How many USB power sources do you have? Do you have a multimeter? Do you have laptop's original power source available or at least its detailed picture? How good are you with soldering iron? What's your budget and most importantly, do you have a plug which goes into your laptop's power port? Also, how much USB extension cables and hubs do you have?
I'm electric engineering student (first year though, so be warned!) and I have an idea which might work.
I was thinking about serially connecting several USB power sources and using them to charge the battery. There are two ways to accomplish this: to use external charger which will charge battery outside of the laptop or to use laptop's charger.
In my opinion, if you have correct plug for the laptop's power connector, you could use it to power internal charger.
Here's an idea: I'll assume that your laptop's external power source provides 15V (It could very easily happen that it uses around 20V. Mine does and it uses around 15V for battery.). You would need 3 USB power sources to provide 15V (3*5=15, if it's 20, then use 4). Then you would need to take some USB extension cables and cut off USB connectors. Then take the 5V lines and serially connect them. Each USB cable has 4 wires inside. Here are pin-outs for some common connectors: http://pinouts.ru/SerialPortsCables/usb_cable_pinout.shtml You need to establish using a voltmeter which cable inside the USB cable is GND and which is USB Vcc. Then you need to connect GND of one cable to others USB Vcc. So this is what you vould get in the end: USB Vcc GND-USB Vcc GND-USB Vcc GND The potentials difference between the right-most GND and leftmost USB Vcc should then be 15V. Now you would need to connect the ends to the plug and connect the plug to the laptop. You might be able to charge the laptop using that contraption. Of course, if you do connect this to laptop, do not try to turn it on. If you do, it will most certainly overload the power source and possibly damage the USB ports which provide the power.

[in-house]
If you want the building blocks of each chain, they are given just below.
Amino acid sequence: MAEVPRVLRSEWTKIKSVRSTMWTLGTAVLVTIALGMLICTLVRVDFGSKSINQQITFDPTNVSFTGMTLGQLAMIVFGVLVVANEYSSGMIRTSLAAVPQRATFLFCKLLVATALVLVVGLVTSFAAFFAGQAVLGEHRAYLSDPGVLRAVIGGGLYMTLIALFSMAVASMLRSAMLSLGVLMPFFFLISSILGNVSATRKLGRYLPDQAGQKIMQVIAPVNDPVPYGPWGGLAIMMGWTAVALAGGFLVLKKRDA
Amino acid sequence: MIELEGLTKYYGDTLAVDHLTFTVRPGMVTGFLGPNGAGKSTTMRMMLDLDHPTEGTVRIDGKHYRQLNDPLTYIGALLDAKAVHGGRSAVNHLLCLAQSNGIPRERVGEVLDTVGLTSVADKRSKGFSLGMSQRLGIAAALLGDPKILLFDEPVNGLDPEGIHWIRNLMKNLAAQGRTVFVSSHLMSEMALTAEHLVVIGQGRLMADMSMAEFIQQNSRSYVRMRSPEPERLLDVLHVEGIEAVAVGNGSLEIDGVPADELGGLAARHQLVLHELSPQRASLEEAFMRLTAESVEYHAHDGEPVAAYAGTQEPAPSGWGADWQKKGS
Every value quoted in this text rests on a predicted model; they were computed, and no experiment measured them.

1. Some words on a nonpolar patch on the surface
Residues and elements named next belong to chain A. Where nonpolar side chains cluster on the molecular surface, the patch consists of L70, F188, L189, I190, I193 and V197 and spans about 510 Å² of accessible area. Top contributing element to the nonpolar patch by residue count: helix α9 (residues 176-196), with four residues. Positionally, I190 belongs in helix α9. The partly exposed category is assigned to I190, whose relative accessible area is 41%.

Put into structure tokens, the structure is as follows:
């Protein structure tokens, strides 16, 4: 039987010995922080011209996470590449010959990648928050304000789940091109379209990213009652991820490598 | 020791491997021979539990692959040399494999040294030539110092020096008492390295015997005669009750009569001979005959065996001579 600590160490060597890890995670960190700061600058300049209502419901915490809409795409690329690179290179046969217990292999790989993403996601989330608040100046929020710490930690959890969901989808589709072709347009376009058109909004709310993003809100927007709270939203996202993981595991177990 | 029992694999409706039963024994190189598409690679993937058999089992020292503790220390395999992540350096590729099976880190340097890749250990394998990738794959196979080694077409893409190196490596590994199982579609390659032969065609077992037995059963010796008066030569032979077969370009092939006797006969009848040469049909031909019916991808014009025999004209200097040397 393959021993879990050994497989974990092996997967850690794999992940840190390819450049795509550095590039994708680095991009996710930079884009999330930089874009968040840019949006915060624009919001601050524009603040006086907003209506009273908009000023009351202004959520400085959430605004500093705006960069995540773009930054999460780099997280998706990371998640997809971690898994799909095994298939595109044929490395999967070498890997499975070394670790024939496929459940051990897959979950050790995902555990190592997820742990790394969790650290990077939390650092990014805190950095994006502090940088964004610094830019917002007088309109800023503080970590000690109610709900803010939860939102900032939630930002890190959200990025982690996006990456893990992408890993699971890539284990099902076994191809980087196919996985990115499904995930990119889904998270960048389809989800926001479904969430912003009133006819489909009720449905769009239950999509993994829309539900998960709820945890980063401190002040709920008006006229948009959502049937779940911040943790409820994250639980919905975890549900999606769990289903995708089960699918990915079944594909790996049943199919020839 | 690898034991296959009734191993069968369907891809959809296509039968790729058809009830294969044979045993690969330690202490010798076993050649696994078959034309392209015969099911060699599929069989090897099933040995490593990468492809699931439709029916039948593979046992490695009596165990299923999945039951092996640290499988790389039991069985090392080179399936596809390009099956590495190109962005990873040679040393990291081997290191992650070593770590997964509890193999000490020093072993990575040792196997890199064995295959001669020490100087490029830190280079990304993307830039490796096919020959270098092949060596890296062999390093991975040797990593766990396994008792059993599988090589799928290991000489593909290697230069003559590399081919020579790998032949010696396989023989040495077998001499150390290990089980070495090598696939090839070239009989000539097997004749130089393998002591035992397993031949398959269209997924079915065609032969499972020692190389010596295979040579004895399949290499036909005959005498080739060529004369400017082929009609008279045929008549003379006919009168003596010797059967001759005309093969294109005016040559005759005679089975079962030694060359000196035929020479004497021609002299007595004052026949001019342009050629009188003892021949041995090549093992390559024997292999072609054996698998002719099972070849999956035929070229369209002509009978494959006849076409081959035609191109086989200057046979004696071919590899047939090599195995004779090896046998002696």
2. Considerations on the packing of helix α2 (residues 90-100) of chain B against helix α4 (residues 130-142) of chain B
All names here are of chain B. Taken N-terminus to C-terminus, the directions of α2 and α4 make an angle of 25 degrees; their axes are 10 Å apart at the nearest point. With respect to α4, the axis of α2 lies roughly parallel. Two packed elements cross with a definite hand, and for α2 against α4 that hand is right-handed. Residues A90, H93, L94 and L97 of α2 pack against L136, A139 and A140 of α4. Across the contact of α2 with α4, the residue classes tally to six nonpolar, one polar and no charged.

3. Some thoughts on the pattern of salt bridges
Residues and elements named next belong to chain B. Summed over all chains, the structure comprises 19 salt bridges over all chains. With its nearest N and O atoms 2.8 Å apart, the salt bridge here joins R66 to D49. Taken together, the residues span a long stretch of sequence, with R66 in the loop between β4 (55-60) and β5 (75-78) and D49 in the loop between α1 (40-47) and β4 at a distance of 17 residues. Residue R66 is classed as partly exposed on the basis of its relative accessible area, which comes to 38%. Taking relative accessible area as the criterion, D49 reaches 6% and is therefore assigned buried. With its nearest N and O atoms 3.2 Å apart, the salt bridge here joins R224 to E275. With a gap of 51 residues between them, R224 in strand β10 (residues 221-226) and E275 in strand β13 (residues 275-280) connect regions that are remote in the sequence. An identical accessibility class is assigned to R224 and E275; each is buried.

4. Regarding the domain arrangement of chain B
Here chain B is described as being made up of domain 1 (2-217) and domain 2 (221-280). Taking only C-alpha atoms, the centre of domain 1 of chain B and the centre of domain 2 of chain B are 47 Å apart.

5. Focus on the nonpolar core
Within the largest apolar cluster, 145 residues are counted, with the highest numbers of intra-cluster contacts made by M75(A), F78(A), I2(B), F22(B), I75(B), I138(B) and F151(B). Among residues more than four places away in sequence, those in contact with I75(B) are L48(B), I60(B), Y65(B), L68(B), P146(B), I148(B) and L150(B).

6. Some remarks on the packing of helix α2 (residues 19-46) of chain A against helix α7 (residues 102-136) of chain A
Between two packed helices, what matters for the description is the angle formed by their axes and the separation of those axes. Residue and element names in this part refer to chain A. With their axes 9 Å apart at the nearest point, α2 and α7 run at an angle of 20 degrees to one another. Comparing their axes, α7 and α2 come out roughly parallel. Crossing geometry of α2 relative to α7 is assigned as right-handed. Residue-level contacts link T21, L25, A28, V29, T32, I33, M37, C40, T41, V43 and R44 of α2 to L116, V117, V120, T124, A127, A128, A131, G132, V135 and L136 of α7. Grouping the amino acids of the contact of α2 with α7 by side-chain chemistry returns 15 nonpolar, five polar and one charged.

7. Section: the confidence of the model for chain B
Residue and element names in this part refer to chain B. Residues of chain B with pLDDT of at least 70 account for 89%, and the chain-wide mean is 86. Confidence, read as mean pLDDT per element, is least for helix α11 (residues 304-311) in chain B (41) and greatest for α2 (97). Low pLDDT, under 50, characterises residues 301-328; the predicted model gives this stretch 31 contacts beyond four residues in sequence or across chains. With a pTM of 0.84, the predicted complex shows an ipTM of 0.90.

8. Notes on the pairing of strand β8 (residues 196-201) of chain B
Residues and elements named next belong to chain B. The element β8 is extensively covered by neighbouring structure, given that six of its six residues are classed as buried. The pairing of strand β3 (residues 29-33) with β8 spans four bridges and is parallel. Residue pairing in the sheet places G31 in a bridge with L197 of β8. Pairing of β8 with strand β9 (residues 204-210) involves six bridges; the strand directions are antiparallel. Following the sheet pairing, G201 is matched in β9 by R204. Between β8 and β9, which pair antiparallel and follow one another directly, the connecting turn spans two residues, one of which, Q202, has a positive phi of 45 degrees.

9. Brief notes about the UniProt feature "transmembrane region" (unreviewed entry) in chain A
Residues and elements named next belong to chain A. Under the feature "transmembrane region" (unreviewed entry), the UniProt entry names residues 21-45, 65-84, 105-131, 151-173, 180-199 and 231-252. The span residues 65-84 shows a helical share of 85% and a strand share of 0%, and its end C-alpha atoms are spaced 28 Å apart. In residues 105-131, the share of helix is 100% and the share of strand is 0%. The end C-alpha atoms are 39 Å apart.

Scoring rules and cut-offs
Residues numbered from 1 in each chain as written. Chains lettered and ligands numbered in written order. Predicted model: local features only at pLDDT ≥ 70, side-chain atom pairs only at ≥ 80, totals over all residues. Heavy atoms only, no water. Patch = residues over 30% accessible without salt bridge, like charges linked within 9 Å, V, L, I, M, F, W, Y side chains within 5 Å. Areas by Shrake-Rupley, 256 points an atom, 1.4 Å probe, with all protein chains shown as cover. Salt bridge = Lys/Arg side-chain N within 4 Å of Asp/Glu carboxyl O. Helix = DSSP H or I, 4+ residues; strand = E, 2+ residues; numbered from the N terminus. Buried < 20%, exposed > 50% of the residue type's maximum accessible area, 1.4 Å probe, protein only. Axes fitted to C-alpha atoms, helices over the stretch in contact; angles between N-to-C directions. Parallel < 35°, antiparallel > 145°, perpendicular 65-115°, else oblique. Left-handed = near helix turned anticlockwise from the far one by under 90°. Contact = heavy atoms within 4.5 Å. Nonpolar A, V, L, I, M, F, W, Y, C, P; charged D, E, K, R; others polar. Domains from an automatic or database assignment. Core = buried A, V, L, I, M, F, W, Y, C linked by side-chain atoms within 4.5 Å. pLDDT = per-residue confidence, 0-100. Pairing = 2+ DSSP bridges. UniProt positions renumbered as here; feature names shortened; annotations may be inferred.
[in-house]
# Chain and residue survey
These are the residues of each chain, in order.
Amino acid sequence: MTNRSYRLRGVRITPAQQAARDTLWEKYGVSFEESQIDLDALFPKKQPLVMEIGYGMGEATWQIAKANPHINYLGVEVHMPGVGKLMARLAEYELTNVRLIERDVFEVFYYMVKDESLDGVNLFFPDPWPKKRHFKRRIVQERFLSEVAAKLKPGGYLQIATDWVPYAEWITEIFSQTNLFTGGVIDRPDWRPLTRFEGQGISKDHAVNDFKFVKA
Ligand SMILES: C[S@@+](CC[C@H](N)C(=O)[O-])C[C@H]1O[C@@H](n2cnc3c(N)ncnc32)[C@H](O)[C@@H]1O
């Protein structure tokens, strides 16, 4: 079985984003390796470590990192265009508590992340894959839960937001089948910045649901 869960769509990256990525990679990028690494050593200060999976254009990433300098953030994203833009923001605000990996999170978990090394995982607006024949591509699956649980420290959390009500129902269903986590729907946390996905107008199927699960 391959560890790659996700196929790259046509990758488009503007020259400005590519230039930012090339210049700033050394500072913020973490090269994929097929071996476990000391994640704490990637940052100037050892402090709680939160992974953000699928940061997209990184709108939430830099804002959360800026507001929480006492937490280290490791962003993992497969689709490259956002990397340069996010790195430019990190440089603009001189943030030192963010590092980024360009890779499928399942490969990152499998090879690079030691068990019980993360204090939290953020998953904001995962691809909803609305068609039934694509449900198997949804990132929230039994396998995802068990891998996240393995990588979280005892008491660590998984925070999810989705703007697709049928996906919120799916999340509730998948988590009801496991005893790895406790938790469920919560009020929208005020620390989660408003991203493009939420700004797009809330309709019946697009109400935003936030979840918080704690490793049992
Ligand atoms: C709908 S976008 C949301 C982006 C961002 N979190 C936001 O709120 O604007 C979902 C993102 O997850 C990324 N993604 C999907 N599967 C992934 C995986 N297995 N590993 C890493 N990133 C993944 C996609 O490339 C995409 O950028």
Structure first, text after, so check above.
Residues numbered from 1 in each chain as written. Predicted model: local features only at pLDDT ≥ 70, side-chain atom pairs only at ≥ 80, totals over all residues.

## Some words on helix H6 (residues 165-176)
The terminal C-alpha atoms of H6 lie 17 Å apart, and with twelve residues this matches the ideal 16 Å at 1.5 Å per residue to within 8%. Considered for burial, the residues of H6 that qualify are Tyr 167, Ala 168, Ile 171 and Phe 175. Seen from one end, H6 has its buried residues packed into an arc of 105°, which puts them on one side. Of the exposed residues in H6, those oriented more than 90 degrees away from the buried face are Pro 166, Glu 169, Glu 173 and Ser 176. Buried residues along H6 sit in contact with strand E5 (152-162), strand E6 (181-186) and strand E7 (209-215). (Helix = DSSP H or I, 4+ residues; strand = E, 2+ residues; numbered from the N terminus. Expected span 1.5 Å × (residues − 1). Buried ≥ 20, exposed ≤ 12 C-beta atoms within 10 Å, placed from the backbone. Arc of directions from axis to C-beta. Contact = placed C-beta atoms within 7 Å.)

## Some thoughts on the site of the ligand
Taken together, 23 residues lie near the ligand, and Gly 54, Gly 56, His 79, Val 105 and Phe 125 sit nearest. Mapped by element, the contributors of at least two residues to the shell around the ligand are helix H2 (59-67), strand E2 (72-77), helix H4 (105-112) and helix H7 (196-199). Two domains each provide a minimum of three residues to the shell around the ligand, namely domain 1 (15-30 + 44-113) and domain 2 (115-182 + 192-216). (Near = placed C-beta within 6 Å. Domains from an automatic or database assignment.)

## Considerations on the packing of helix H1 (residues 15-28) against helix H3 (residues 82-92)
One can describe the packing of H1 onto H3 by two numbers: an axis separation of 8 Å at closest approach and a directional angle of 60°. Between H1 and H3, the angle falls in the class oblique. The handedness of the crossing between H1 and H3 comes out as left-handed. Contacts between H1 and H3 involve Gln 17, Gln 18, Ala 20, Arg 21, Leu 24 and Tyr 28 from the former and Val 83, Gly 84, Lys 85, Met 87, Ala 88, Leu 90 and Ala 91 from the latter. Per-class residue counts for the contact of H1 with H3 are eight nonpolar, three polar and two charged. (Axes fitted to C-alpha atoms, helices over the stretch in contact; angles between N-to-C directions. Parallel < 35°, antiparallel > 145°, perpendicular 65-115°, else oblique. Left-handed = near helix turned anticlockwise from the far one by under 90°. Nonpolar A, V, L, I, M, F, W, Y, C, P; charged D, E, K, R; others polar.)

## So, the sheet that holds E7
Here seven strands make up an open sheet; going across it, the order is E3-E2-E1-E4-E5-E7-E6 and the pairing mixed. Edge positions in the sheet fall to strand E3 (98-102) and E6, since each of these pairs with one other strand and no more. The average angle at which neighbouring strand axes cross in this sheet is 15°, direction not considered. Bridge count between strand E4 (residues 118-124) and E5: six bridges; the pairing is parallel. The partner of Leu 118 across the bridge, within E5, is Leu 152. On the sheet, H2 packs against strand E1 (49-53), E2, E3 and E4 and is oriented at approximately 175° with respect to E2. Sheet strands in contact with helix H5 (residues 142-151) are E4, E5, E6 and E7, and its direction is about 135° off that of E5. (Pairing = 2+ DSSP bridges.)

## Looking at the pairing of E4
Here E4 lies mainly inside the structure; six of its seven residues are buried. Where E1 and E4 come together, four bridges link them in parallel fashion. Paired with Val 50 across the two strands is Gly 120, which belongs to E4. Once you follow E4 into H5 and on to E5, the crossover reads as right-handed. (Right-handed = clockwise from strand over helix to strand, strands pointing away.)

Another interesting option which would increase the charging speed would be to repeat the procedure and then parallelly connect the 15V cables. Once you got the 15V cable, connect it to another 15 volt cable to that + and + cables are connected and - and - cables are connected and then connect it to the plug. This way, you would get more amperes so laptop would be able to use more power.
I gained a bit more experience, so I now know that this most likely wouldn't work. Another way would be to make a boot converter which will boot the 5 V to 15 V. I can't find a good device to recommend, but for start NCP1403 looks interesting. Unfortunately, it can provide only 50 mA, so charging will take quite a while. Another problem is that the circuit required for its (and similar device's) operation is a bit complicated and requires some skills to make it work. The good point is that it will only take one USB port o work.
I also read somewhere that if overloaded, USB ports in computers will limit power to safe level and notify operating system about the surge.
On the other hand if you don't have necessary equipment, it would probably be cheaper to just buy compatible charger. Also, I wouldn't try to use for this experiment any expensive source of USB ports. Some broken down old computer which can be sacrificed or some externally powered old hubs which can be sacrificed would be best. As I said before, I'm still first year, and I don't have much experience with this kind of things.
Also, here's this link: http://www.edaboard.com/ftopic147112.html These guys, unlike me, seem to actually know what they are talking about.
Once I get some free time, I'll upload some illustrations for this post.